Yes, we leap left, we leap right and as we see options for choice, we also see options for neglect. In Reuters we see “Google’s parent company Alphabet agreed a $2.1bn (£1.6bn) takeover of the wearable tech firm last year. However, the deal has yet to be completed”, we see that at https://www.bbc.com/news/technology-53647570, and as we see the BBC article, we wonder about a lot more. Yes we acknowledge “While the European Commission has said its main concern is the “data advantage” Google will gain to serve increasingly personalised ads via its search page”, and in the matter of investigations we see:
- The effects of the merger on Europe’s nascent digital healthcare sector
- Whether Google would have the means and ability to make it more difficult for rival wearables to work with its Android operating system.
From there there are two paths, for me personally the first one is Competition Commissioner Margrethe Vestager, to be honest, I do not trust her. I will admit right off the bat that this is personal, but her deal relying on what was requires her to get a win, any win. The setting is founded on “officials acknowledge that the EU’s competition enforcer faces hard choices after judges moved to quash her order for the US tech company to pay back €14.3bn in taxes to Ireland”, which was a juridical choice, but in all this she needs a win and I reckon she will do whatever er she can to get any of the FAANG group. For the most I would be on her side in the tax case, but on the other side the entire sweep of the Google Fitbit leaves me with questions.
The first point is on ‘effects of the merger’, so how is this in regards to the Apple Smart Watch, the Huawei smart watch (android), and a few other versions, how much investigation did Apple get? How much concern is there for Huawei? Then we see the second part ‘Whether Google would have the means and ability’, it is not a wrong position for Margrethe Vestager to take, but as he does it upfront, in light of the EU inactions regarding IBM and Microsoft, it seems weird that this happens upfront now (well to me it does). And as we see ‘difficult for rival wearables to work with its Android operating system’ I see Huawei and the solutions they have, Android solutions no less, so why is Google the problem?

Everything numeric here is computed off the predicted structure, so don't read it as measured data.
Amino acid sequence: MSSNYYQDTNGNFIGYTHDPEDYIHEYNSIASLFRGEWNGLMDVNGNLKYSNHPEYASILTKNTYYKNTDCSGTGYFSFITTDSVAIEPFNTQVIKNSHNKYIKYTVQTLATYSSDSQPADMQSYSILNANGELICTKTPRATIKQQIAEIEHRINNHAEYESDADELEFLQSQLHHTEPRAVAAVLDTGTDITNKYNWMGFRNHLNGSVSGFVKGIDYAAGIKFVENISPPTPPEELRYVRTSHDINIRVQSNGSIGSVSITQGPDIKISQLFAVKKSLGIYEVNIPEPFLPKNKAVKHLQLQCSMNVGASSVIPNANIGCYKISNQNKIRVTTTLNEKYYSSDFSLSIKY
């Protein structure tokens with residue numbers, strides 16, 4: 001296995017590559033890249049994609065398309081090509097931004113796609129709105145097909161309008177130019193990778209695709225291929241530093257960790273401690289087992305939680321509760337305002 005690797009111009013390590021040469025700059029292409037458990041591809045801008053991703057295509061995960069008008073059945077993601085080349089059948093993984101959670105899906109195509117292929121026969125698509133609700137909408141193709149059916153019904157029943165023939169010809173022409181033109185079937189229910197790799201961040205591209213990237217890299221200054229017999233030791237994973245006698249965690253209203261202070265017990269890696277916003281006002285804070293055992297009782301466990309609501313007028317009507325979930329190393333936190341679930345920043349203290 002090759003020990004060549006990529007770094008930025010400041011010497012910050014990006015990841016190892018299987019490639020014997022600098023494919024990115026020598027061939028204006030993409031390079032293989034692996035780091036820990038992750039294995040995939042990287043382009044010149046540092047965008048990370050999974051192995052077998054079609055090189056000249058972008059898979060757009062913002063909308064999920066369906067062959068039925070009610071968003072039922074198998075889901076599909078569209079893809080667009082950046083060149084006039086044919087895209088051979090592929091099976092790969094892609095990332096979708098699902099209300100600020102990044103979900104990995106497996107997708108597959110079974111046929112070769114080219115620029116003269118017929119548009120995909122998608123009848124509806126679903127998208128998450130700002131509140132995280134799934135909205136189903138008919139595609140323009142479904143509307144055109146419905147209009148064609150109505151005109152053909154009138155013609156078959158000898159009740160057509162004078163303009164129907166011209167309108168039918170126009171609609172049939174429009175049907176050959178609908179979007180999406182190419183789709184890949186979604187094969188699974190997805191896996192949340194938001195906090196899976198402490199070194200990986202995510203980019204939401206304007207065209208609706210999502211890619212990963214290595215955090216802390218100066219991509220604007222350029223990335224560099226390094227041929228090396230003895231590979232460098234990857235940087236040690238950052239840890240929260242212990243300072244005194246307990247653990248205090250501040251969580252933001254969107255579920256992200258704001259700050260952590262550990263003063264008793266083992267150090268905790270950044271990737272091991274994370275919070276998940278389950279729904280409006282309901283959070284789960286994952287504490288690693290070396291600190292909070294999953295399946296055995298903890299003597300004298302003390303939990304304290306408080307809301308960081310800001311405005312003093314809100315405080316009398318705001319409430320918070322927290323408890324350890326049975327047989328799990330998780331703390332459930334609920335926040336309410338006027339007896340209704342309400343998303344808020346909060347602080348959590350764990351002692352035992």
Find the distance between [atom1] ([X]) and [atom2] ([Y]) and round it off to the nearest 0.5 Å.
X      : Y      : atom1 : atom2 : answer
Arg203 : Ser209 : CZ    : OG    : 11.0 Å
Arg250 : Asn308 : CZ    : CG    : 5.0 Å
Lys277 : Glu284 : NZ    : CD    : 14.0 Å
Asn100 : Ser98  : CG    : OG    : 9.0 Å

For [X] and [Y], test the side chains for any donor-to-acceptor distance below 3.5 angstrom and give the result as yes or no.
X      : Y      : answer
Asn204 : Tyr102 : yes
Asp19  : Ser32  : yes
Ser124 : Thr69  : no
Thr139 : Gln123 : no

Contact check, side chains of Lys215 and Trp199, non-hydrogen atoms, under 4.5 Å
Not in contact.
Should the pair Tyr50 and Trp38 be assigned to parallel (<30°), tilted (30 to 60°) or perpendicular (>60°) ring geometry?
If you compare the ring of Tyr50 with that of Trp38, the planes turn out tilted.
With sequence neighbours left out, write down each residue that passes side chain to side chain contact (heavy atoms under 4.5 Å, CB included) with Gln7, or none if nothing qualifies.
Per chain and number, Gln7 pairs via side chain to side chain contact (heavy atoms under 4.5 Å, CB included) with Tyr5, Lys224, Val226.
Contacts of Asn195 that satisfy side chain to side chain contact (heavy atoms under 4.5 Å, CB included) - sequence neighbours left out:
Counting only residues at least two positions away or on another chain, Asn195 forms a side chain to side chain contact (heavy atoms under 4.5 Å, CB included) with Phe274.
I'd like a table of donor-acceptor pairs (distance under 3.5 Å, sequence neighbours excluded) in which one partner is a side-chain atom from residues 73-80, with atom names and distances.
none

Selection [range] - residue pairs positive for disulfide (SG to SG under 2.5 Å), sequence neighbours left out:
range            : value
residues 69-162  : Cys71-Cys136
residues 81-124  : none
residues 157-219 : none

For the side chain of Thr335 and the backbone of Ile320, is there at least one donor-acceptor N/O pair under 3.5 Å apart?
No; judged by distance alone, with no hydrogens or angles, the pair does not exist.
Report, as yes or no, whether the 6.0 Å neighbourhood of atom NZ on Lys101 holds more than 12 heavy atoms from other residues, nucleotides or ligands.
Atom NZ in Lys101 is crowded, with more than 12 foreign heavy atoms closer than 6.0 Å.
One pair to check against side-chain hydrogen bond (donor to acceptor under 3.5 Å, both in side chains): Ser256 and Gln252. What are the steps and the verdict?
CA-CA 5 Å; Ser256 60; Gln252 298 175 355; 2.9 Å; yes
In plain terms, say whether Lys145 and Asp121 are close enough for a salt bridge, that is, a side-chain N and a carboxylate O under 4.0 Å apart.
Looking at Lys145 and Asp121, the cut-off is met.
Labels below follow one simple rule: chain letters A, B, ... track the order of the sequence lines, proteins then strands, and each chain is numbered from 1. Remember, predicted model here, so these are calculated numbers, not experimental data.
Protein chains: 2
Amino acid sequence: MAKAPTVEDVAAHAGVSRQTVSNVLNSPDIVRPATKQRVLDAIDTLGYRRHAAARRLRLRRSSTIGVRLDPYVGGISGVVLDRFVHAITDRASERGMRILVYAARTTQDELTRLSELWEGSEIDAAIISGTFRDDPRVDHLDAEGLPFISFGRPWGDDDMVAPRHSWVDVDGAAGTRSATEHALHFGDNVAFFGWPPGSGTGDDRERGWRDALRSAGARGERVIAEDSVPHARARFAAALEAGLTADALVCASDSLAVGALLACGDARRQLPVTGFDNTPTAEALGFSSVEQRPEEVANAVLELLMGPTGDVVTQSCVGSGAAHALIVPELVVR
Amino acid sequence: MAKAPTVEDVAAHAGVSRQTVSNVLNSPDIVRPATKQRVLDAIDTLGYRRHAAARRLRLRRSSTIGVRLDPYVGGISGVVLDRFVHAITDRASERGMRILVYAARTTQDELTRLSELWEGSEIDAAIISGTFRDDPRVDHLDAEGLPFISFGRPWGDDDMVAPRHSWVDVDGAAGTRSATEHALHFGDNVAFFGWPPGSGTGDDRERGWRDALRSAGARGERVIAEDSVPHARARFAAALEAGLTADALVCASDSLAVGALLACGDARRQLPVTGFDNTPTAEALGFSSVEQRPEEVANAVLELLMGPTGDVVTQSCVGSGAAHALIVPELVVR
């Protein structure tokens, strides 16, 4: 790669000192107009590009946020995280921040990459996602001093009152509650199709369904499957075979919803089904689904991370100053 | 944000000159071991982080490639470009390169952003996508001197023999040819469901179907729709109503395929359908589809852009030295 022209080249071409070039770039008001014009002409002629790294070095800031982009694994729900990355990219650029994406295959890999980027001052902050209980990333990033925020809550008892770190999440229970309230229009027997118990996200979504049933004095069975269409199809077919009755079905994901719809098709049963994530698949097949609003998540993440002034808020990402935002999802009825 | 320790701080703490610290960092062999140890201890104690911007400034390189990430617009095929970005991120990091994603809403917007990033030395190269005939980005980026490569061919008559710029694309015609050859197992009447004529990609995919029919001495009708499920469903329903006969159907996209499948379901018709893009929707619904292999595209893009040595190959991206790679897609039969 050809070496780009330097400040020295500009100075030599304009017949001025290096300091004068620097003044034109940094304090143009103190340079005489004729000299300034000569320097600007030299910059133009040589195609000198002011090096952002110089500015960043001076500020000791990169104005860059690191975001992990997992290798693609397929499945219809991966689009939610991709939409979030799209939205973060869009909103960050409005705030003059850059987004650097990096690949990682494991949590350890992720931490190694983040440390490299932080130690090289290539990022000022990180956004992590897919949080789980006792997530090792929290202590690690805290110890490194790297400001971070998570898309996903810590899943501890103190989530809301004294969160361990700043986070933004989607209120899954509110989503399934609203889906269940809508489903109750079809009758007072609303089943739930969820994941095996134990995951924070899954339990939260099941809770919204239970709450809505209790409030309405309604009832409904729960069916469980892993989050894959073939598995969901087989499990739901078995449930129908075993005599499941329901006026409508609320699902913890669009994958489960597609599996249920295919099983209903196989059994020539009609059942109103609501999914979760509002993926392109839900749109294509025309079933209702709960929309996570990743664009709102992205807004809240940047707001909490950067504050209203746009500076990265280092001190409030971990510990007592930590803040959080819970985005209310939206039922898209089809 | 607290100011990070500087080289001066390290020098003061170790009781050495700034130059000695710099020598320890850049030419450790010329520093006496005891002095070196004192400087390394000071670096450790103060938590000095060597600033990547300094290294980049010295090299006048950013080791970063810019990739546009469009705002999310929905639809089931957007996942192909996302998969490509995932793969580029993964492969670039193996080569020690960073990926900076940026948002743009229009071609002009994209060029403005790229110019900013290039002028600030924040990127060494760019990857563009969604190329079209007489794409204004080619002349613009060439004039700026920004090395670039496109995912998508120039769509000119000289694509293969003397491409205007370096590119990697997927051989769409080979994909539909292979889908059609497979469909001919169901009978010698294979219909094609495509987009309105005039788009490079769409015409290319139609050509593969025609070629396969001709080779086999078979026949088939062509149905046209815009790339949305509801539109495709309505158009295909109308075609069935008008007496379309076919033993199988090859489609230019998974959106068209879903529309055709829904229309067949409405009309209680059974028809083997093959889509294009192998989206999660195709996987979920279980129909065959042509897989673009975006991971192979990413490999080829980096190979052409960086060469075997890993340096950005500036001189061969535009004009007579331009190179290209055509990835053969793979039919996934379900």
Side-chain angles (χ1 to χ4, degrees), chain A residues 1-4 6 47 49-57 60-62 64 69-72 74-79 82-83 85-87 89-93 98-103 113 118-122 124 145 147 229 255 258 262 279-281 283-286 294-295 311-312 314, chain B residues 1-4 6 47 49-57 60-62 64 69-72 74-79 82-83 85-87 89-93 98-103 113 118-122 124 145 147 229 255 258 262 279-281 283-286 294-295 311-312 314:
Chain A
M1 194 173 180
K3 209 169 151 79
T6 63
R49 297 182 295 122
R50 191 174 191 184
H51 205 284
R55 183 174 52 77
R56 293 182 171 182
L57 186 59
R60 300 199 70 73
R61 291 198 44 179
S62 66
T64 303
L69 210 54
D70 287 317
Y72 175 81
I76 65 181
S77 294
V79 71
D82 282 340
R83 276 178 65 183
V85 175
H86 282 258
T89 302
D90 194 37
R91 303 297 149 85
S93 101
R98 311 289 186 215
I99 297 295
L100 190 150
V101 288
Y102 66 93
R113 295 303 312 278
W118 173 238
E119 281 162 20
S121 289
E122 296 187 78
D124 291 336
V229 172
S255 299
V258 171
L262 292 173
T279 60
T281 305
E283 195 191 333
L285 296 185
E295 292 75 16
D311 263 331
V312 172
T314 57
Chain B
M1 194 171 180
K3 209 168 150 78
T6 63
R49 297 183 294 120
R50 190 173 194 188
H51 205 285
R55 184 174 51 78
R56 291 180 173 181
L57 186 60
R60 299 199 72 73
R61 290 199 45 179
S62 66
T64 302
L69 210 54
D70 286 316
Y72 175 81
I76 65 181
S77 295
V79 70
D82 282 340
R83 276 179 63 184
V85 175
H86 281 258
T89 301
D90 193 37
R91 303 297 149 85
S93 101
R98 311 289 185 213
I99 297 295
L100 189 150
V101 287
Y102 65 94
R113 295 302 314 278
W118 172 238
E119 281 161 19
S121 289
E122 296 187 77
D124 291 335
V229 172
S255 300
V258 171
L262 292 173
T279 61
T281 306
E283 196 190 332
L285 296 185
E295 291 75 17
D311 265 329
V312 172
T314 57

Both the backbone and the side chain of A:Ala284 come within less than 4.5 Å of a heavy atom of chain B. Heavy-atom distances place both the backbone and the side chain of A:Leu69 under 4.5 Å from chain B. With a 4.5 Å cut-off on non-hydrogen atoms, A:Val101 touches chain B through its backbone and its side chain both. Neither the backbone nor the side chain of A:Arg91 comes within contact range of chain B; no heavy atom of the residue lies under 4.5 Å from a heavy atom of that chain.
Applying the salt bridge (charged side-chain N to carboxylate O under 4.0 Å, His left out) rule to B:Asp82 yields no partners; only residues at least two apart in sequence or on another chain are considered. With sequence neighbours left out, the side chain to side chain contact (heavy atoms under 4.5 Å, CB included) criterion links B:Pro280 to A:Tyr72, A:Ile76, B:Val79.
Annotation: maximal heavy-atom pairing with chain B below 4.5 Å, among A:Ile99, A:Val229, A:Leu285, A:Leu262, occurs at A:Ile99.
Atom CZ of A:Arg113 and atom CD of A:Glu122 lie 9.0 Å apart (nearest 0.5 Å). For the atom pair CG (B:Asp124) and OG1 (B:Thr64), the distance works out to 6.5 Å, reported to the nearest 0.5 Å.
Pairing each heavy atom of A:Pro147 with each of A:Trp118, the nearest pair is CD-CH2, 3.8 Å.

Then there are two other parts. The first one is “Analysts suggested part of the attraction for Google was the fact that Fitbit had formed partnerships with several insurers in addition to a government health programme in Singapore”, the second one is “Google has explicitly denied its motivation is to control more data”, in all this there is less investigation in regards to what data goes to Singapore, or better stated the article makes no mention towards it, and as I see it, there is no mention on it from the office of Margrethe Vestager either. The second part is how Google explicitly denies its part, yet that denial does not give us anything towards the speculated “its motivation is to have access to more data”, and when you decide on a smart watch, data will end up somewhere and the statements are precise (something that worries me), I have no issue with Google having access, but the larger issue is not Google, it is ‘partnerships with several insurers’, the idea of privacy is not seen remarked upon by Margrethe Vestager and her posse of goose feather and ink-jar wielders, the focus is Google and is seemingly absent from investigations into Fitbit pre-Google in an age where the GDPR is set to be gospel, so who are the insurers and where are they based? Issues we are unlikely to get answers on. Yet when we consider “John Hancock, the U.S. division of Canadian insurance giant Manulife, requires customers to use activity trackers for life insurance policies in their Vitality program if they want to get discounts on their premiums and other perks”, so what happens when that data can be accessed? Is the larger stage not merely ‘What we consent to’, but a stage where the insurer has a lessened risk, but we see that our insurance is not becoming cheaper, there is the second stage that those not taking that path get insurance surcharge. So what has the EU done about that? We can accept that this is not on the plate of Margrethe Vestager, but it is on someones plate and only now, when Google steps in do we see action?
So whilst the old farts at the EU are taking a gander at what they can get, I wonder what happens to all the other parts they are not looking at. Should Google acquire my IP, with access to 440,000,000 retailers and well over 1,500,000,000 consumers, will they cry murder? Will they shout unfair? Perhaps thinking out of the box was an essential first requirement and Fitbit is merely a stage to a much larger pool that 5G gives, but as they listened to the US, they can’t tell, not until 2022, at that point it is too late for the EU, I reckon that they get to catch on in 2021 when they realise that they are losing ground to all the others, all whilst they could have been ahead of the game, lets say a Hail Mary to those too smitten by ego.